The use of lobectomy for management of clinically significant pulmonary vein stenosis and occlusion refractory to percutaneous intervention

Kevin J. O'Gorman*, Tyson J. Sjulin, Donnell K. Bowen, Michael J. Morris

*Corresponding author for this work

Research output: Contribution to journalArticlepeer-review

3 Scopus citations

Abstract

Pulmonary vein stenosis (PVS) is a serious complication of radiofrequency ablation (RFA) for the treatment of atrial fibrillation. The prevalence of this complication was reported to be as high as 42% in 1999 when RFA was first implemented [1]. However, with improvements in operator technique including wide area circumferential ablation, antral isolation, and the use of intracardiac ultrasound, the incidence of symptomatic severe PVS following RFA ranges from 0% to 2.1% while the incidence of symptomatic pulmonary vein occlusion (PVO) following RFA was found to be 0.67% [2–8]. Despite a decrease in the incidence of clinically significant PVS following RFA, there have been increased reports of complications associated with PVS to include hemoptysis, scarring, lung infarction, and intraparenchymal hemorrhage [9]. Studies have shown that PVS is often misdiagnosed as pneumonia, pulmonary embolism, and lung cancer and as a result, patients are often subjected to unnecessary diagnostic procedures [2,10]. The current first line treatment for this condition is percutaneous balloon angioplasty with stenting; however, there are studies that have shown that there is a relatively high rate of restenosis despite optimal medical therapy [2–3,10,11]. Three case reports have described the use of lobectomy to treat patients with persistent respiratory symptoms in the setting of severe PVO with good outcomes [12–14]. We present a case of iatrogenic PVO and ipsilateral severe PVS following RFA who underwent attempted lobectomy for persistent exertional dyspnea and persistent hypoperfusion of the left upper lung lobe despite percutaneous intervention and six months of optimal medical therapy. The lobectomy was aborted due to the presence of a significant fibrothorax, and the patient continues to have significant exercise limitation despite participation in pulmonary rehabilitation.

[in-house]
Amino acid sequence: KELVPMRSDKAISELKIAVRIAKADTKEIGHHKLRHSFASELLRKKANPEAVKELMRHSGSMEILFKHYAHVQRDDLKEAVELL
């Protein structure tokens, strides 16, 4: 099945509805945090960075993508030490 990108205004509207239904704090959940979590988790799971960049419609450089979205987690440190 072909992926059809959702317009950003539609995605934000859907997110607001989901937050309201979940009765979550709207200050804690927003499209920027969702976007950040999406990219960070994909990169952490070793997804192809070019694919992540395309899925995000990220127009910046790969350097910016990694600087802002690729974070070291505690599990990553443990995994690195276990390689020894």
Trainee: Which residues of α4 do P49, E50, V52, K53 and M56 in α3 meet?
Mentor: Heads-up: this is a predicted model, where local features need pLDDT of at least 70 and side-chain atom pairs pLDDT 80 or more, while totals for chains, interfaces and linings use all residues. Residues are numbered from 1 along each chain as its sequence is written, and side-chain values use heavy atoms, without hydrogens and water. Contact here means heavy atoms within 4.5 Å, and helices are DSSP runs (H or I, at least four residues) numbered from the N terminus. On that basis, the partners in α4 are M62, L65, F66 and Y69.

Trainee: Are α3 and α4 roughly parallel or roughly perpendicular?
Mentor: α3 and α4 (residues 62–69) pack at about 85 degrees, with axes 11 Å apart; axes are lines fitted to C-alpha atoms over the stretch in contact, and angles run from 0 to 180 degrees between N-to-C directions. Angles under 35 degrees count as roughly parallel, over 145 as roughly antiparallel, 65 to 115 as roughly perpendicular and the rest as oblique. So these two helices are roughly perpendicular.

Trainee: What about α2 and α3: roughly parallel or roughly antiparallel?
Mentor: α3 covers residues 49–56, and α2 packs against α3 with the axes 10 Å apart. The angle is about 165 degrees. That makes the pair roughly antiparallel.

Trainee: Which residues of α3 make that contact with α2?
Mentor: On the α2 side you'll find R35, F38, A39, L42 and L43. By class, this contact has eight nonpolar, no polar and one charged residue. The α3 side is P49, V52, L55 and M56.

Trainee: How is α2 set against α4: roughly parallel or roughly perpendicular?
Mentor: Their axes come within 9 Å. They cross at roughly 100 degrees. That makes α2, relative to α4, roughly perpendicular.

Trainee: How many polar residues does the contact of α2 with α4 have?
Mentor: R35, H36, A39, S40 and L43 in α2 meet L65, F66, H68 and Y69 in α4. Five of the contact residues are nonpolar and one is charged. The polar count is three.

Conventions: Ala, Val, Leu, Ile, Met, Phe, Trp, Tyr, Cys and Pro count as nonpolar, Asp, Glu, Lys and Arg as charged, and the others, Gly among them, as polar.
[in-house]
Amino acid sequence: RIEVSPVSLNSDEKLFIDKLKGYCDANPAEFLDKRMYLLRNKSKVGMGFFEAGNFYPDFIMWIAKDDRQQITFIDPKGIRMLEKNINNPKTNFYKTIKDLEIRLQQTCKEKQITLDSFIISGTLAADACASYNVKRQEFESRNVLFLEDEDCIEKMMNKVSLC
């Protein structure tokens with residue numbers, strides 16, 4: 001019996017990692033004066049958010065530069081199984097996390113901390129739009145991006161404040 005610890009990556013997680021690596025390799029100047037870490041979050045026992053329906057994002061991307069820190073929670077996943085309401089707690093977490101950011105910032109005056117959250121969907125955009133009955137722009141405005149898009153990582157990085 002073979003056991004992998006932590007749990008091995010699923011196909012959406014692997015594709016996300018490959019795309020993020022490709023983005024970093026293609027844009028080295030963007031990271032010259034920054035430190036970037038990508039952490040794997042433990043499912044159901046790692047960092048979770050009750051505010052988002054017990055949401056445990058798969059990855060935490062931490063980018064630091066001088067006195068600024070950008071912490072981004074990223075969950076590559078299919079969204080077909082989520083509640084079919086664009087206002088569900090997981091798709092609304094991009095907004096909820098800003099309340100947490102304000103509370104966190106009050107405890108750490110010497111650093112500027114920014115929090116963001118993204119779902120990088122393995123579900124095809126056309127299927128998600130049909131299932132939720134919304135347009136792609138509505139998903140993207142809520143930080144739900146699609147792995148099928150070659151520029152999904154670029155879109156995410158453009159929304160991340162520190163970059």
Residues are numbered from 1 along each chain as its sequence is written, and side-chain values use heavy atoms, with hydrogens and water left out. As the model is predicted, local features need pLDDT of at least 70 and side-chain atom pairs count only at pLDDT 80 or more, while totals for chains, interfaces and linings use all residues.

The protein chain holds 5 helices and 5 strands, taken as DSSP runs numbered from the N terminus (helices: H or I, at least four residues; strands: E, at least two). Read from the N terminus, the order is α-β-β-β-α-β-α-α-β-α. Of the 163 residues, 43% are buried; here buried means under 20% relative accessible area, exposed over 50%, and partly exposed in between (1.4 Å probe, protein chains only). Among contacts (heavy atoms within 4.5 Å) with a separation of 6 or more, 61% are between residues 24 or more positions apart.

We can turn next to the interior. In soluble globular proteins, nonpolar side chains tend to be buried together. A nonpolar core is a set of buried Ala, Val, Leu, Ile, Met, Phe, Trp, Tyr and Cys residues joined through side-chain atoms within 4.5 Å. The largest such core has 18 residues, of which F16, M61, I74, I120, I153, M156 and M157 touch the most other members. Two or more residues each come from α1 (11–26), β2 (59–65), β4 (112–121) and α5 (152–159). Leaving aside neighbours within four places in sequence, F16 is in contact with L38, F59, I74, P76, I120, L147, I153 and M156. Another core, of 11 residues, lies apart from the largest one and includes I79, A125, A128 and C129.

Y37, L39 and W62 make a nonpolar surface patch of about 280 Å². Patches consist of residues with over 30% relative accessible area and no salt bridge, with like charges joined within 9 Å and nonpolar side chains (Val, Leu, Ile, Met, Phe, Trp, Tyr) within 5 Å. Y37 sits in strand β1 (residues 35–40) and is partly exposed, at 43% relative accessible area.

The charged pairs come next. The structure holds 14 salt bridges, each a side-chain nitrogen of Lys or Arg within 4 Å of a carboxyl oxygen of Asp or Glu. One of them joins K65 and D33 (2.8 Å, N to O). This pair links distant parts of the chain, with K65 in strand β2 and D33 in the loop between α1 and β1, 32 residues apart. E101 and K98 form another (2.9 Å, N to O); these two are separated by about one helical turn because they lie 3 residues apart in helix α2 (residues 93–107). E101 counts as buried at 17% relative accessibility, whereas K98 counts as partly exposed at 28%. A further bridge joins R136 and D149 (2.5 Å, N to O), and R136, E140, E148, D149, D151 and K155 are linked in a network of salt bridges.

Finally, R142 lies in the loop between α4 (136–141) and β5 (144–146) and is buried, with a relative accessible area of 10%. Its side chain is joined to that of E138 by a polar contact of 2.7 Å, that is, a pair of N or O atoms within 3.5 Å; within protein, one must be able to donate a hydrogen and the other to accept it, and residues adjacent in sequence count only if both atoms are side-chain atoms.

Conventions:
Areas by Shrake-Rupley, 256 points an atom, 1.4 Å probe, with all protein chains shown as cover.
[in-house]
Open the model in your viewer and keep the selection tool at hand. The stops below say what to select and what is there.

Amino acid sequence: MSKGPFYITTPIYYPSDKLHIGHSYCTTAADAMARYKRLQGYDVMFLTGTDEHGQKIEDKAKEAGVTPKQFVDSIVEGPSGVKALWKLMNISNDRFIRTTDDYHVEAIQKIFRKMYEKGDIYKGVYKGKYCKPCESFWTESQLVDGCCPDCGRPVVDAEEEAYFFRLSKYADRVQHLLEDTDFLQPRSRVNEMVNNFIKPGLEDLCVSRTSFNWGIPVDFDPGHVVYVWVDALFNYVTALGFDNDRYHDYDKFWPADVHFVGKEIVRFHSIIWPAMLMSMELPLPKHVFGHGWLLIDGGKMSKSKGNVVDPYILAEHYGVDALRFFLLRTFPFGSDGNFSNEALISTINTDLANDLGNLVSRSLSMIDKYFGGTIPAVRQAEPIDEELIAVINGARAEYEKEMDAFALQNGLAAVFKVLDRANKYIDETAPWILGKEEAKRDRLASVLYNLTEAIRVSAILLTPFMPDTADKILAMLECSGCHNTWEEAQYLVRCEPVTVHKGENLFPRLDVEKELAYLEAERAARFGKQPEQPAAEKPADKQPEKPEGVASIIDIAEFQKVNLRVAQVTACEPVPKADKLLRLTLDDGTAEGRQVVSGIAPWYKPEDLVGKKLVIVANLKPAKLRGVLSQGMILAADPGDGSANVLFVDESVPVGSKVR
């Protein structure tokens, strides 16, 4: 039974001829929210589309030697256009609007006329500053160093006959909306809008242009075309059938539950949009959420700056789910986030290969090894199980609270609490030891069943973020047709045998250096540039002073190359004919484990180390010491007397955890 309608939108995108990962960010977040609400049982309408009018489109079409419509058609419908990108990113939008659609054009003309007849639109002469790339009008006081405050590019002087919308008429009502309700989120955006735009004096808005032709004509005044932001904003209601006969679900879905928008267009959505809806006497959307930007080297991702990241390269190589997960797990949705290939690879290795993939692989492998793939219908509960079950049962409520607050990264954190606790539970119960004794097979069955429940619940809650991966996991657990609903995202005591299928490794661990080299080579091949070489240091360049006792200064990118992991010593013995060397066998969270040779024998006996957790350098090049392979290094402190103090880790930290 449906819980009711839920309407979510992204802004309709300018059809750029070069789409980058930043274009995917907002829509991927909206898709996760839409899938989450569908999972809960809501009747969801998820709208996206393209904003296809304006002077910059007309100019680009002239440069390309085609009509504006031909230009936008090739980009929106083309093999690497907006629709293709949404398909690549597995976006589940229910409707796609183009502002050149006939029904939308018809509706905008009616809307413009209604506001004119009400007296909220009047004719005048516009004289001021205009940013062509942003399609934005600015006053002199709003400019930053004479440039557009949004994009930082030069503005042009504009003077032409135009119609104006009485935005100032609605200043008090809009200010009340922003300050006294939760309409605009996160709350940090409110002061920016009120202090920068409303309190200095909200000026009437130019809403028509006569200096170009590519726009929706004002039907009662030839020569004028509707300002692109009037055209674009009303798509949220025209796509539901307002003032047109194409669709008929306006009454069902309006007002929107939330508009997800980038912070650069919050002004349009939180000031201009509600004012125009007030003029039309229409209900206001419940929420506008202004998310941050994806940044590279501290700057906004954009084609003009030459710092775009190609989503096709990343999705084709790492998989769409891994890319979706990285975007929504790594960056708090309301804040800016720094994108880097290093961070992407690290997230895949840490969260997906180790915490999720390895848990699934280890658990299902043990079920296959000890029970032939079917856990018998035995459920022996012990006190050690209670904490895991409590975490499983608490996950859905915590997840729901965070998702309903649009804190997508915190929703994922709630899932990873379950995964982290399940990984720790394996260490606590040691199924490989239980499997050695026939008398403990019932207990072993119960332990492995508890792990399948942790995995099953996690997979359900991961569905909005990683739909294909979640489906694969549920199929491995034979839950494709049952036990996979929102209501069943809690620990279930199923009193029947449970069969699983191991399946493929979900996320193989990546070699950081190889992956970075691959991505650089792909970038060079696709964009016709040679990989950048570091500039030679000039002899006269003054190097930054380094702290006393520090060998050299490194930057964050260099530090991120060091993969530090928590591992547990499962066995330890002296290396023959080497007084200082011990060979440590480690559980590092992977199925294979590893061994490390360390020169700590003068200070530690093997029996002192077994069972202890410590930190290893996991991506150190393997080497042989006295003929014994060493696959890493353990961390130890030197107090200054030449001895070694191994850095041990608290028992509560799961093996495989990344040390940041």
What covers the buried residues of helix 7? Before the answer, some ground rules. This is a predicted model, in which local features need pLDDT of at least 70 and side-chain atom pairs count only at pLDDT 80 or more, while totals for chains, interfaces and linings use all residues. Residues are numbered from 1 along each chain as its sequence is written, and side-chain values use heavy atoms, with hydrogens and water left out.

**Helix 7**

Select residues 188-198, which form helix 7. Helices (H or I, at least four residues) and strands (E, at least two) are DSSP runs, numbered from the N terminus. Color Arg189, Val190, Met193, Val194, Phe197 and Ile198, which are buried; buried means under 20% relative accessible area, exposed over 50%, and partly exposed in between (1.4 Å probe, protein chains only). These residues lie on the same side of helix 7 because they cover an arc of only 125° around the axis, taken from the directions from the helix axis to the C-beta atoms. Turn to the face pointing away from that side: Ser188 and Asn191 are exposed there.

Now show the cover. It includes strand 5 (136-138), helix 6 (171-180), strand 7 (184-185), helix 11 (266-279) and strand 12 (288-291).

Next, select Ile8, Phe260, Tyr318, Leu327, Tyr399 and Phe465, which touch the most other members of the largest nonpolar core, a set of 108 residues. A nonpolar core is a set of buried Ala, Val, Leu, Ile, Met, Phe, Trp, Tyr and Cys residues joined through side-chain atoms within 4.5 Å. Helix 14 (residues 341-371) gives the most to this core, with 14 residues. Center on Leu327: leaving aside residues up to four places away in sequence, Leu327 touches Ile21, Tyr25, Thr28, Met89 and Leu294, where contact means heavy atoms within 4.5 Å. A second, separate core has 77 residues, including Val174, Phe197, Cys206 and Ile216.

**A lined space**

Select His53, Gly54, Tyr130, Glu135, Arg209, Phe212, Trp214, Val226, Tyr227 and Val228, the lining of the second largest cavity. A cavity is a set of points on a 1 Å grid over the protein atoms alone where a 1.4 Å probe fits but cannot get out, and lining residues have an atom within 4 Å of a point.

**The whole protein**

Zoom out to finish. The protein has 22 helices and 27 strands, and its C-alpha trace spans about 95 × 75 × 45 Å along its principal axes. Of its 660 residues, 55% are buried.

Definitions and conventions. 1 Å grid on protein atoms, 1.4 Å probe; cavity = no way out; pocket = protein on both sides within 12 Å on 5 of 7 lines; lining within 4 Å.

Original languageEnglish
Pages (from-to)321-325
Number of pages5
JournalRespiratory Medicine Case Reports
Volume26
DOIs
StatePublished - 2019
Externally publishedYes

Keywords

  • Atrial fibrillation
  • Fibrothorax
  • Lobectomy
  • Pulmonary vein occlusion
  • Pulmonary vein stenosis
  • Radiofrequency ablation

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